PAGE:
Common Tools Used
We asked respondents what tools they commonly used for incident ingestion and enrichment, allowing for multiple options due to the disparate nature of incident detection in today’s security landscape.
Figure 1: Common tools used for incident ingestion and enrichment
The most striking data point from the responses (Figure 1) was the prominence of Security Information and Event Management (SIEM) tools, with around 75% of respondents citing these tools as important sources for incident ingestion and enrichment. SIEMs have a range of capabilities – monitoring machine data across sources, prioritization and aggregation, and rules for adapting detection with time – that are critical for incident ingestion and enrichment, so we believe SIEMs’ importance to be well-merited here.
However, around 67% of respondents stated that they used email tools to ingest phishing incidents and roughly 66% of respondents highlighted malware analysis tools as important ingestion and enrichment sources. These results imply some limitations that SIEM tools have, namely that SIEMs are not used as a sole detection source for all incidents and that they lack the niche capabilities that other tools (like malware analysis) possess.
Wish List of Capabilities
For incident ingestion and enrichment, we asked respondents to highlight product capabilities their tools possessed and create wish lists of capabilities their tools lacked.
The results (Figure 2) underline the need for automation and correlation while ingesting and enriching incidents. Only 34% of respondents claimed to have ‘automated data enrichment’ capabilities in their current products and 56% of respondents made it a part of their wish list. Around 48% of respondents wished for ‘automated prioritization of alerts’ and 47.5% of respondents cited the need for ‘correlation of alerts and indicators across products’.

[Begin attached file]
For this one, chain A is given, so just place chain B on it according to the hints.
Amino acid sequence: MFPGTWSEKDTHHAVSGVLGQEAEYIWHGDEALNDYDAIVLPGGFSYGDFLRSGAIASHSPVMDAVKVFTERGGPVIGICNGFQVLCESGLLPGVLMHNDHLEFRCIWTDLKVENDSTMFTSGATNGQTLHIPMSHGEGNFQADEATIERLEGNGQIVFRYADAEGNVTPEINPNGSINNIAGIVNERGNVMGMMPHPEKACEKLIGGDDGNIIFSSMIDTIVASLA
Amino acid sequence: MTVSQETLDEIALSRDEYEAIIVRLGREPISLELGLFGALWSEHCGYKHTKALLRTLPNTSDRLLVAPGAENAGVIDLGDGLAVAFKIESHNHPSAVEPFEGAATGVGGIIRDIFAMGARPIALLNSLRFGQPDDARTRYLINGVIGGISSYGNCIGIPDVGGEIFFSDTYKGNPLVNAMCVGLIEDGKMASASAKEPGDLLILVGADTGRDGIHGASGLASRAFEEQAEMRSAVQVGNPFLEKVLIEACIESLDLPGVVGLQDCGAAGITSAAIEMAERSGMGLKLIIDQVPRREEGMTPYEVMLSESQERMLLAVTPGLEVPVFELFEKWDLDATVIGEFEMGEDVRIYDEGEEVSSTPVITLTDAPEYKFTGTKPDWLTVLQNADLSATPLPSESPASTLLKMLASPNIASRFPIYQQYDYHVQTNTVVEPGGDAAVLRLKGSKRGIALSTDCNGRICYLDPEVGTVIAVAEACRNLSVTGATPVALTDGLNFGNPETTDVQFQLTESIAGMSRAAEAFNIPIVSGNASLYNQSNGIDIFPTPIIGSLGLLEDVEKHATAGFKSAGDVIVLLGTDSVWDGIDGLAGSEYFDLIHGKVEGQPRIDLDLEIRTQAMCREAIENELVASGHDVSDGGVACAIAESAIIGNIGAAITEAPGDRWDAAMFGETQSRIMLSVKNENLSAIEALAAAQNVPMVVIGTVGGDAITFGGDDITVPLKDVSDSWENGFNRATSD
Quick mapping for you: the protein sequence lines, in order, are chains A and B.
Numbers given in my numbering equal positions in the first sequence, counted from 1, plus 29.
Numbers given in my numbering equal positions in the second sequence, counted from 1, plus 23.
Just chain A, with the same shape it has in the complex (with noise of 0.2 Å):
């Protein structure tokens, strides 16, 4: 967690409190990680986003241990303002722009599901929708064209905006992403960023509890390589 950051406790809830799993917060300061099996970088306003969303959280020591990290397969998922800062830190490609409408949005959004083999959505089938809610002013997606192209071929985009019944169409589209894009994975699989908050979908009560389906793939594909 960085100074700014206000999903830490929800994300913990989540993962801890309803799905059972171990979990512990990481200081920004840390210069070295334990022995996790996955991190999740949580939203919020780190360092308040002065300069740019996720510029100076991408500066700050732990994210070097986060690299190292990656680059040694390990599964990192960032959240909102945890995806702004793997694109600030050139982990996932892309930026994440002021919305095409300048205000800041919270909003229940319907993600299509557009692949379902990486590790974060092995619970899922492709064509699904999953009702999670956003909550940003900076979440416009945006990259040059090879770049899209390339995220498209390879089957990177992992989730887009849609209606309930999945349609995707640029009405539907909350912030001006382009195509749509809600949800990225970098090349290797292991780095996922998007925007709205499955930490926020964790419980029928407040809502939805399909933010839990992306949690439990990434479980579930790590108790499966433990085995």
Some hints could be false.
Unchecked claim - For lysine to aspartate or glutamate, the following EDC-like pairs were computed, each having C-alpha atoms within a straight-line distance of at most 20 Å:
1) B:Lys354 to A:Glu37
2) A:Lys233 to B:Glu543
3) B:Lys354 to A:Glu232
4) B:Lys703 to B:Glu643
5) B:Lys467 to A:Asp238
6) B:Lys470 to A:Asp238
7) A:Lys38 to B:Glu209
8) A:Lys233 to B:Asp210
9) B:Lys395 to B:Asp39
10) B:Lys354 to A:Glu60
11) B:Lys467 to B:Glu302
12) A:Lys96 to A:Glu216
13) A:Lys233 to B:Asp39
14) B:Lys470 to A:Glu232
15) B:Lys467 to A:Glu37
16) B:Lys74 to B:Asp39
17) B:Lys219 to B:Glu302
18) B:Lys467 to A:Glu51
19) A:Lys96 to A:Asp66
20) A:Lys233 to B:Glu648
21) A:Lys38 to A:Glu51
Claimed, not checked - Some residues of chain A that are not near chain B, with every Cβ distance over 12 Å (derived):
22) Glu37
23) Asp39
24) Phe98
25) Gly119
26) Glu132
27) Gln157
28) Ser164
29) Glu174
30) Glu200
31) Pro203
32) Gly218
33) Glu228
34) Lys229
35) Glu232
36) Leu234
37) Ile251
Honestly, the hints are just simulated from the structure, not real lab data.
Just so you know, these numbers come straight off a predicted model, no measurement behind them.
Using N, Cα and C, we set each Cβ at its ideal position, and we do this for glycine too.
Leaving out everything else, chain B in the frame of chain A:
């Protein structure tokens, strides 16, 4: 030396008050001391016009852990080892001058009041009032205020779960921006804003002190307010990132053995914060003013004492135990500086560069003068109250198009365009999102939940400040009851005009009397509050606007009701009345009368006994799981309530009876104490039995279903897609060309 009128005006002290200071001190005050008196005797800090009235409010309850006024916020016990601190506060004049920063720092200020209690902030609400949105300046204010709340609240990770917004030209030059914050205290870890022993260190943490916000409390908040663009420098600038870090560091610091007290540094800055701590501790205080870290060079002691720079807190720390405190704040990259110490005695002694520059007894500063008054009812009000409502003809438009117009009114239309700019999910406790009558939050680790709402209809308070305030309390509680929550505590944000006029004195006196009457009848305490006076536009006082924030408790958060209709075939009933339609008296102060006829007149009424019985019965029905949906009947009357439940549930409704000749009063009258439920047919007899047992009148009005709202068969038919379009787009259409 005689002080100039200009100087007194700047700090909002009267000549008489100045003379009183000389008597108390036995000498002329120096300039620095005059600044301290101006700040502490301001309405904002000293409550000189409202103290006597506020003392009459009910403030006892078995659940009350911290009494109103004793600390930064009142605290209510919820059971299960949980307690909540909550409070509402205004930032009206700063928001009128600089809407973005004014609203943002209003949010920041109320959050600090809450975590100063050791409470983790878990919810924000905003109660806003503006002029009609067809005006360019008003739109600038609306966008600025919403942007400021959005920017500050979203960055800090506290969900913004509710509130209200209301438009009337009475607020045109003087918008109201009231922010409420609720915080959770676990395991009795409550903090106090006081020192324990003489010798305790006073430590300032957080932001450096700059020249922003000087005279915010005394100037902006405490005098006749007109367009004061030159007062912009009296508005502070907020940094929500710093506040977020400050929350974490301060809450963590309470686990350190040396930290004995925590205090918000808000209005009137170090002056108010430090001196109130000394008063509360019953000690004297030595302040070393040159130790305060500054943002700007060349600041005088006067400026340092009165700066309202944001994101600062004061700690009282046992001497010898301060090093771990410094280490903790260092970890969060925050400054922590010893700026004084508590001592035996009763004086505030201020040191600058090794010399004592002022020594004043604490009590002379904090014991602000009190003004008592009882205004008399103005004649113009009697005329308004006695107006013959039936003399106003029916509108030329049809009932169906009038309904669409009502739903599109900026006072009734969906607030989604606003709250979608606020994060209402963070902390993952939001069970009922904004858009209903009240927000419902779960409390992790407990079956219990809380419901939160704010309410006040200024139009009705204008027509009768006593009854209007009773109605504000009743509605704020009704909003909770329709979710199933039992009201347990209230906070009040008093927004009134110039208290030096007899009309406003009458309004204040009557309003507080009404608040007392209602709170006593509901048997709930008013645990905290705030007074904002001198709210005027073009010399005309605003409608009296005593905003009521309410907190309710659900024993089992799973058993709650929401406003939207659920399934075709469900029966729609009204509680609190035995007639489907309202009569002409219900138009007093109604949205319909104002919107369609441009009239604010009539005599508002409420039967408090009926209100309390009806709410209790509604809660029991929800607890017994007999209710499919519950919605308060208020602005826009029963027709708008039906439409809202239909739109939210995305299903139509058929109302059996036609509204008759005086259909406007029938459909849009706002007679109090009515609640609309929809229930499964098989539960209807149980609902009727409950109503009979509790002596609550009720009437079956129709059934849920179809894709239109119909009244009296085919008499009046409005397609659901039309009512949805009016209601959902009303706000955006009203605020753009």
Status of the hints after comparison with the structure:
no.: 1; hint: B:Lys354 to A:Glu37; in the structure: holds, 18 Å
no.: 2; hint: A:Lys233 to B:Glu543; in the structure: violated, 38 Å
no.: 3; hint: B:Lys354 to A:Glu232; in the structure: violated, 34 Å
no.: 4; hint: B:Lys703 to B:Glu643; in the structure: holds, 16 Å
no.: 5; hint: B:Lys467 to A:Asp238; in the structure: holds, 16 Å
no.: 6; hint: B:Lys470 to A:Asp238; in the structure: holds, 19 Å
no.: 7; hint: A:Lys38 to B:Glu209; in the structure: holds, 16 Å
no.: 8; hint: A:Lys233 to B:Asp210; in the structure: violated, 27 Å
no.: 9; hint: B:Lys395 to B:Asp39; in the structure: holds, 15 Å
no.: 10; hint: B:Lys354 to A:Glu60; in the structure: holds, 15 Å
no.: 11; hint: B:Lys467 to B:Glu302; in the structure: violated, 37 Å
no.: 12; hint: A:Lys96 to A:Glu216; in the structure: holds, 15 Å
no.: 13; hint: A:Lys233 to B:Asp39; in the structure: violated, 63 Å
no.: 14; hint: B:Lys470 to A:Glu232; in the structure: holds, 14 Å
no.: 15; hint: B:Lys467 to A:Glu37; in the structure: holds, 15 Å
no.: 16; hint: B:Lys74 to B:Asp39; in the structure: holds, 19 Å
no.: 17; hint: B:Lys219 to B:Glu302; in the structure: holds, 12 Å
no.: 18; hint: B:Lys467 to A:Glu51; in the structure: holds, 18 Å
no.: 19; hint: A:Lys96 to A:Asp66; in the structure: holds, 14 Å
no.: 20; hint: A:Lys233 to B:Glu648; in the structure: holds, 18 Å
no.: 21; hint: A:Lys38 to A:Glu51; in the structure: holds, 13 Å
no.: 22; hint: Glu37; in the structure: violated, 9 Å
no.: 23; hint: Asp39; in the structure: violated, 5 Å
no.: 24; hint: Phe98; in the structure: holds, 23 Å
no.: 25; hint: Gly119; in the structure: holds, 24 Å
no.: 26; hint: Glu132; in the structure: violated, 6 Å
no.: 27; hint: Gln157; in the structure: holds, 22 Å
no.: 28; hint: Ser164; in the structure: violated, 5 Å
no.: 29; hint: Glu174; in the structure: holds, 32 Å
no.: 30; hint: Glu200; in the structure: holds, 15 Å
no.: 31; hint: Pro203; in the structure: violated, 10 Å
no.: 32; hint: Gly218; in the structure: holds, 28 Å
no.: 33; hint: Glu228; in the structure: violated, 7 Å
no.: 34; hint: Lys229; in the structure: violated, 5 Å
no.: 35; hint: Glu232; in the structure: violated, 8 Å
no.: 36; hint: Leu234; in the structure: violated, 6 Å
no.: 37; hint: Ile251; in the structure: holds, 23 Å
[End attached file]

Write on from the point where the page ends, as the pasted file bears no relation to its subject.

Figure 2: Tool capabilities and wish lists for incident ingestion and enrichment
These figures throw into sharp relief the sheer amount of manual work security teams need to do while conducting incident triage. While we acknowledge all the heavy lifting that SIEMs do here, there are still two challenges to contend with:
- Too many false positives: It’s always safer to set the sensitivity levels of SIEMs higher than necessary, lest any serious incident slip through the cracks. The downside of this caution is a ballooning number of false positives that analysts must manually study and cast away.
- Multiple detection sources: The threat surface is simply too large and varied for SIEMs to be the only tool for incident ingestion. The problem with multiple tools for incident ingestion (email inboxes, malware analysis, cloud security, etc.) is the manual post-incident correlation that security teams must perform to uncover larger attack campaigns.
Stay tuned for more in-depth blogs on the State of SOAR Report, 2019. If you’re interested in learning more about SOAR, you can download our eBook – Security Orchestration for Dummies – below.